It’s late November, so we’re comfortably past the point where people are no longer agitated that ‘best of the year’ lists are starting to appear already.
In fact I’ve already got my 'Best Korean Pop Albums' and 'Favourite Men’s Health Straplines (abs category)' lists all lined up and ready to go. In a listicle heavy year, this Winter will be the ultimate in year-end countdown meltdown, or Listageddon as I’m pushing for the late November period to be renamed.
Hot off the presses today (I'm sure there's a more up-to-date cliche then that) and towering above the rest is Unruly with its Top 20 most shared ads of 2013.
This one’s good because it’s based on fact, not the opinion of some feckless pundit.
This week, the irascible and increasingly innovative Mr Robert Allen Zimmerman (that's Bob Dylan to you and me) unveiled a music video the world has been waiting 48 years to see.
'Like a Rolling Stone', the opening track from Highway 61 Revisted and to date the most successful single of Dylan's career, has been reinvented as a brilliantly satirical and cunningly re-watchable interactive music video.
Using a television set featuring 16 channels worth of programming that you can flick through, all containing various television presenters, soap opera actors, reality TV stars, game show hosts and even rapper Danny Brown, all lip syncing along to Dylan's original track.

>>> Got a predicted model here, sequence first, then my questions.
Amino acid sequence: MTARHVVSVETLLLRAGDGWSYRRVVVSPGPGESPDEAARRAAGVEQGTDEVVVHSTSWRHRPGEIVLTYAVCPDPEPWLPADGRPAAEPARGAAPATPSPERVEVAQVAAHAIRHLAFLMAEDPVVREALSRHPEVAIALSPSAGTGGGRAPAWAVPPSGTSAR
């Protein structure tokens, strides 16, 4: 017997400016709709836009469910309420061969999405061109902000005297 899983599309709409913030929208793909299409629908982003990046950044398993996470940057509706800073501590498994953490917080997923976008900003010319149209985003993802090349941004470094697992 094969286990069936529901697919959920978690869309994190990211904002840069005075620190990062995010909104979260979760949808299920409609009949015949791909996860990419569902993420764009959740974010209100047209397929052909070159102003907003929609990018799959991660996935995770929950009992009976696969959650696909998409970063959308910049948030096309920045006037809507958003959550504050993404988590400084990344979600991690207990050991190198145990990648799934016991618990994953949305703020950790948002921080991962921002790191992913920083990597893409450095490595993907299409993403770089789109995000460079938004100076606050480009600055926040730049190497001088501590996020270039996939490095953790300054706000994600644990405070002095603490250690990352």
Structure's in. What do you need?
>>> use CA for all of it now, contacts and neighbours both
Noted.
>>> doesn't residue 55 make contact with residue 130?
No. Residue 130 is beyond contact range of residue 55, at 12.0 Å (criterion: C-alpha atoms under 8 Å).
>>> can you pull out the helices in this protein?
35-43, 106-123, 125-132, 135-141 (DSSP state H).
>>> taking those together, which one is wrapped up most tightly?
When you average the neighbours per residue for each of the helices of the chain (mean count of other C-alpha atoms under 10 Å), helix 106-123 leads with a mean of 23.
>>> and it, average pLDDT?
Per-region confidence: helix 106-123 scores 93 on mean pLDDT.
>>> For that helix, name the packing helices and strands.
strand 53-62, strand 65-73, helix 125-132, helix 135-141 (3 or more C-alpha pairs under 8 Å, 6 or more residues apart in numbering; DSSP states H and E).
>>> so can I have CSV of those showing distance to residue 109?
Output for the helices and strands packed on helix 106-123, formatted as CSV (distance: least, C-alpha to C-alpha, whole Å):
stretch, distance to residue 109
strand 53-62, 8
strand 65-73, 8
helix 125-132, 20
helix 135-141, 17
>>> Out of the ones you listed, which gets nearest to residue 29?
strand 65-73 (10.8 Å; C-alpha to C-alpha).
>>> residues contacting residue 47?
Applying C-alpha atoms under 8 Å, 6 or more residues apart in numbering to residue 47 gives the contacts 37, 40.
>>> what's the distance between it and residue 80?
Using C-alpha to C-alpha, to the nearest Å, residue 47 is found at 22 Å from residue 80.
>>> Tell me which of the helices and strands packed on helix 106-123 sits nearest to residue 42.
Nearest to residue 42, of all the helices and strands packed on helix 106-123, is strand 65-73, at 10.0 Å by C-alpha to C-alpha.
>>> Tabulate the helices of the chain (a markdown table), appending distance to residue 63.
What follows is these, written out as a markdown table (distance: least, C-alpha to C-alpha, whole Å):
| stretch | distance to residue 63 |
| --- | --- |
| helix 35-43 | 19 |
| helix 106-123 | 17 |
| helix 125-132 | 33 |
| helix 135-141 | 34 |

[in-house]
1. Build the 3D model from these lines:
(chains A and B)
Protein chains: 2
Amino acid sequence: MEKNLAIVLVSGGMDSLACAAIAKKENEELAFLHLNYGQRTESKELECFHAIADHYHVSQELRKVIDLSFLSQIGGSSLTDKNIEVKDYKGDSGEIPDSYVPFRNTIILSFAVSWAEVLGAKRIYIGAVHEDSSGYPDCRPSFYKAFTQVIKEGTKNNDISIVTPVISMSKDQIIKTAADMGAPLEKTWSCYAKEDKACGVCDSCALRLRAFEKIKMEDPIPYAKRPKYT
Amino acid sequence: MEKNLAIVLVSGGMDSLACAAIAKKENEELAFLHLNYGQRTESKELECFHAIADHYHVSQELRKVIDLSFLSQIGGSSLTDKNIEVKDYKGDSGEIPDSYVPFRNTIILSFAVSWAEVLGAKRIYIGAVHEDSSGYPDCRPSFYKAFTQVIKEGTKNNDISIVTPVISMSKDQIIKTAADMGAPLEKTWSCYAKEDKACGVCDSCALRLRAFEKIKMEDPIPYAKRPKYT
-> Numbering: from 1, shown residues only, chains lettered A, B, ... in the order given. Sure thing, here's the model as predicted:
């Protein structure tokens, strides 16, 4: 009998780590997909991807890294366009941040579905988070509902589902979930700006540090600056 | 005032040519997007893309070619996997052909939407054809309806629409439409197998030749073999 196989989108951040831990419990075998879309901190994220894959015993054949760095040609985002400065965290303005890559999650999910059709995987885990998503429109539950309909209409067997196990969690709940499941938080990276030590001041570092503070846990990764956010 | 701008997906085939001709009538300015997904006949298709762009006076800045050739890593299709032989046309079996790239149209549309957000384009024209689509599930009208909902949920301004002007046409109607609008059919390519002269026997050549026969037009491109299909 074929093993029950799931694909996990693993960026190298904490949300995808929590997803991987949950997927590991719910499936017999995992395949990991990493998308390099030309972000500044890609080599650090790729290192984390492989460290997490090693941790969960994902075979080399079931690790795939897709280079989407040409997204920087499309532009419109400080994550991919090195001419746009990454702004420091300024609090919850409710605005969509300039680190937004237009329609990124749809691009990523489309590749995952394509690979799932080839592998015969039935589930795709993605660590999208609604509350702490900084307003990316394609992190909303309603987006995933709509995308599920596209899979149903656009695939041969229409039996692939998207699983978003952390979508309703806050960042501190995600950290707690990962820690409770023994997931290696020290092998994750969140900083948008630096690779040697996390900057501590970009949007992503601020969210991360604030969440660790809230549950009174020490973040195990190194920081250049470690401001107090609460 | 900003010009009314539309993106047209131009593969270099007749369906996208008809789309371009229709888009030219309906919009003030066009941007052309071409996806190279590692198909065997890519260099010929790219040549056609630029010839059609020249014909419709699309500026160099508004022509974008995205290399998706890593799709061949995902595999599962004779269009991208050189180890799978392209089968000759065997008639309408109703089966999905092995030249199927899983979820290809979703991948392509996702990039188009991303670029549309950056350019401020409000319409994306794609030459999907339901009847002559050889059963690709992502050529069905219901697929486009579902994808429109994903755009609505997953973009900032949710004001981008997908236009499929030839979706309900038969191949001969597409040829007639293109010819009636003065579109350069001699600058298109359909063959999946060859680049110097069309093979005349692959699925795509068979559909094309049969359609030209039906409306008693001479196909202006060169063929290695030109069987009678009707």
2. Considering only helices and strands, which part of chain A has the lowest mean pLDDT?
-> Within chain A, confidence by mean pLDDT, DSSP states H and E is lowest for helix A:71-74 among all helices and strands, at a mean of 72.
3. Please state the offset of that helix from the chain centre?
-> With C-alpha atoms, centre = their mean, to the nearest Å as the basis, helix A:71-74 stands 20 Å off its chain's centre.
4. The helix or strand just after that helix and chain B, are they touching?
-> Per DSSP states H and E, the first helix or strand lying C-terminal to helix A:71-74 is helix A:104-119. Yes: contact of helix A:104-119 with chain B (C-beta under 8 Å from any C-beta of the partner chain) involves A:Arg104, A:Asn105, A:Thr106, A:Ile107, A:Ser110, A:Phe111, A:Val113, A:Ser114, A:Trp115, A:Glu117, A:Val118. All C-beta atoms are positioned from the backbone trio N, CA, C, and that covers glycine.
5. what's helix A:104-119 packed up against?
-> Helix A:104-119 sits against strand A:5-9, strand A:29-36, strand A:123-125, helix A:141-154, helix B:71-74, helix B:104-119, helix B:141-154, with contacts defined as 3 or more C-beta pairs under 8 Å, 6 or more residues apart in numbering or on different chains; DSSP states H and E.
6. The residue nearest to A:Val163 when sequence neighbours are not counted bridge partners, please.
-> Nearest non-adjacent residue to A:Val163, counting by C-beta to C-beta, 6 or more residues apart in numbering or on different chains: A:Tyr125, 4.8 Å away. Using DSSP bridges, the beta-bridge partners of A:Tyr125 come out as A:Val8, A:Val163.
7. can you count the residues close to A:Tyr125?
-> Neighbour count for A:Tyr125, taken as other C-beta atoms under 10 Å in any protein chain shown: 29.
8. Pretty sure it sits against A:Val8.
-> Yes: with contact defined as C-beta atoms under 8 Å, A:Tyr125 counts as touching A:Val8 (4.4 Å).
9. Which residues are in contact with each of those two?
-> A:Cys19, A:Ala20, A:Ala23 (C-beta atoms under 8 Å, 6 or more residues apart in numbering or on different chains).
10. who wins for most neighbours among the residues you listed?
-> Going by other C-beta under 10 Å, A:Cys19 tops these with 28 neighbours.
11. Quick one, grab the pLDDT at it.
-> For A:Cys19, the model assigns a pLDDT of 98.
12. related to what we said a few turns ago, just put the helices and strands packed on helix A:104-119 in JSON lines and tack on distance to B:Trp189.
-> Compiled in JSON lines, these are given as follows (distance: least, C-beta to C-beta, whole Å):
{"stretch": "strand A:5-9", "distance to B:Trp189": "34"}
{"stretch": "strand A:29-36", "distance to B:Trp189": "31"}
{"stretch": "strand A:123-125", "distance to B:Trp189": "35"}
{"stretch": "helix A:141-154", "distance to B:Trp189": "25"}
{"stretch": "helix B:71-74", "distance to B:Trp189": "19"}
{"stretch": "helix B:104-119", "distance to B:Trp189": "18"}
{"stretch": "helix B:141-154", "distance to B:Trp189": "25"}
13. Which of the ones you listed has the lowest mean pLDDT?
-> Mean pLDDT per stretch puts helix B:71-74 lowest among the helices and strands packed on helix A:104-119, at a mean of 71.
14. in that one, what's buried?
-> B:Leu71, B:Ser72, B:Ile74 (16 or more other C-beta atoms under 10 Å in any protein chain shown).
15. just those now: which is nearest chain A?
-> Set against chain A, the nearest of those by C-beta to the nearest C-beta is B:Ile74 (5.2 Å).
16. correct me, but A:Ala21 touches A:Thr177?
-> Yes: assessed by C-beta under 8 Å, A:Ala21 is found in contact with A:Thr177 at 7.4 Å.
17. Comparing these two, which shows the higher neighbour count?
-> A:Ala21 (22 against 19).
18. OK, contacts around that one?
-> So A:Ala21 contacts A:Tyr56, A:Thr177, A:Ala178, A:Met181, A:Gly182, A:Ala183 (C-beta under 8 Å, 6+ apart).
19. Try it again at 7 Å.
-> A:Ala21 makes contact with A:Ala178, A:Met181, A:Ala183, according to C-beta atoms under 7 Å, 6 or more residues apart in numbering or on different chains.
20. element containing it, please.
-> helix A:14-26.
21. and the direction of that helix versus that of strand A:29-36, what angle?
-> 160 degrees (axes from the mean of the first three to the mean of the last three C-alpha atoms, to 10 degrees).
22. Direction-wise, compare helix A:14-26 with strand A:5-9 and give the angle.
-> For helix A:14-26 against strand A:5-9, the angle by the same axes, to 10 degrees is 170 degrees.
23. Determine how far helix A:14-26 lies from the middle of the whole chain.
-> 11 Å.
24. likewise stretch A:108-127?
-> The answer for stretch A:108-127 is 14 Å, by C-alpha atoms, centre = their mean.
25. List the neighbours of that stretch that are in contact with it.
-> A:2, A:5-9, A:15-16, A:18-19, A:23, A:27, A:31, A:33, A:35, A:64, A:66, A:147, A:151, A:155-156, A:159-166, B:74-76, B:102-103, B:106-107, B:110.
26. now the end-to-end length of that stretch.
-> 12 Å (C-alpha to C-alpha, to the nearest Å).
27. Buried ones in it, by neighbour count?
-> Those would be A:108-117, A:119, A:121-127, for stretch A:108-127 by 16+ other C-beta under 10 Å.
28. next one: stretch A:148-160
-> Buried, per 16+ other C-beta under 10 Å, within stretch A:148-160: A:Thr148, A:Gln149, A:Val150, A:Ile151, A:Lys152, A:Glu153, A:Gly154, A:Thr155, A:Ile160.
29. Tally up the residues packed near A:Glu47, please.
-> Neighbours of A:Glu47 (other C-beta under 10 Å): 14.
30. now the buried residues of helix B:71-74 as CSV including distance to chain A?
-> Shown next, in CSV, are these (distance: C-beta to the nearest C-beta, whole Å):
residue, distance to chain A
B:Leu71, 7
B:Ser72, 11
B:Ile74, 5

It's not only a fitting tribute to the song in its bitter incongruity but also quite a seamless technological marvel.
Click on the image below to hear The Price is Right's co-presenter telling you how you now don't seem so proud about 'scrounging for your next meal'...
Snapchat, the equally popular and controversial photo-sharing site, has edged out Facebook in being the most frequently used platform to upload photos.
Out of 809m daily photo uploads in November 2013 so far, Snapchat has a 49% share (accounting for approximately 400m daily uploads), with Facebook now at 43%.
This 400m figure has grown from the reported 350m in September 2013 and a previous figure of 200m in June 2013.
According to a study from Adobe, in 2012 repeat shoppers made up just 8% of all site visitors in the US yet they accounted for nearly 41% of total online sales.
So bearing in mind the fact that it’s also cheaper to keep a customer than it is to attract a new one, businesses need to be working hard to keep shoppers satisfied and give them a reason to return.
With this in mind, I’ve rounded up 11 ways in which ecommerce retailers can improve customer retention.
Only 74 of the top 5,000 YouTube channels are from brands.
This research comes from Touchstorm’s latest study, The Touchstorm Video Index, covering Q3 2013 and concentrating on the 'YouTube 5,000', an elite group of channels with at least 43m views each.
Of those 5,000 channels, only 2% are owned by brands. That means there are 4,926 teenagers with webcams, older people with camcorders, vloggers with flipcams, bedroom animators with smartphones and various other fashionistas, musicians, close-up magicians, action figure critics and amateur film-makers who are completely dominating the platform and squeezing out the big companies.
What can brands do about this? Is there any hope for them?
Here are some key findings from the report, along with our own insight, ideas for strategy and a look at the brands who are using YouTube successfully.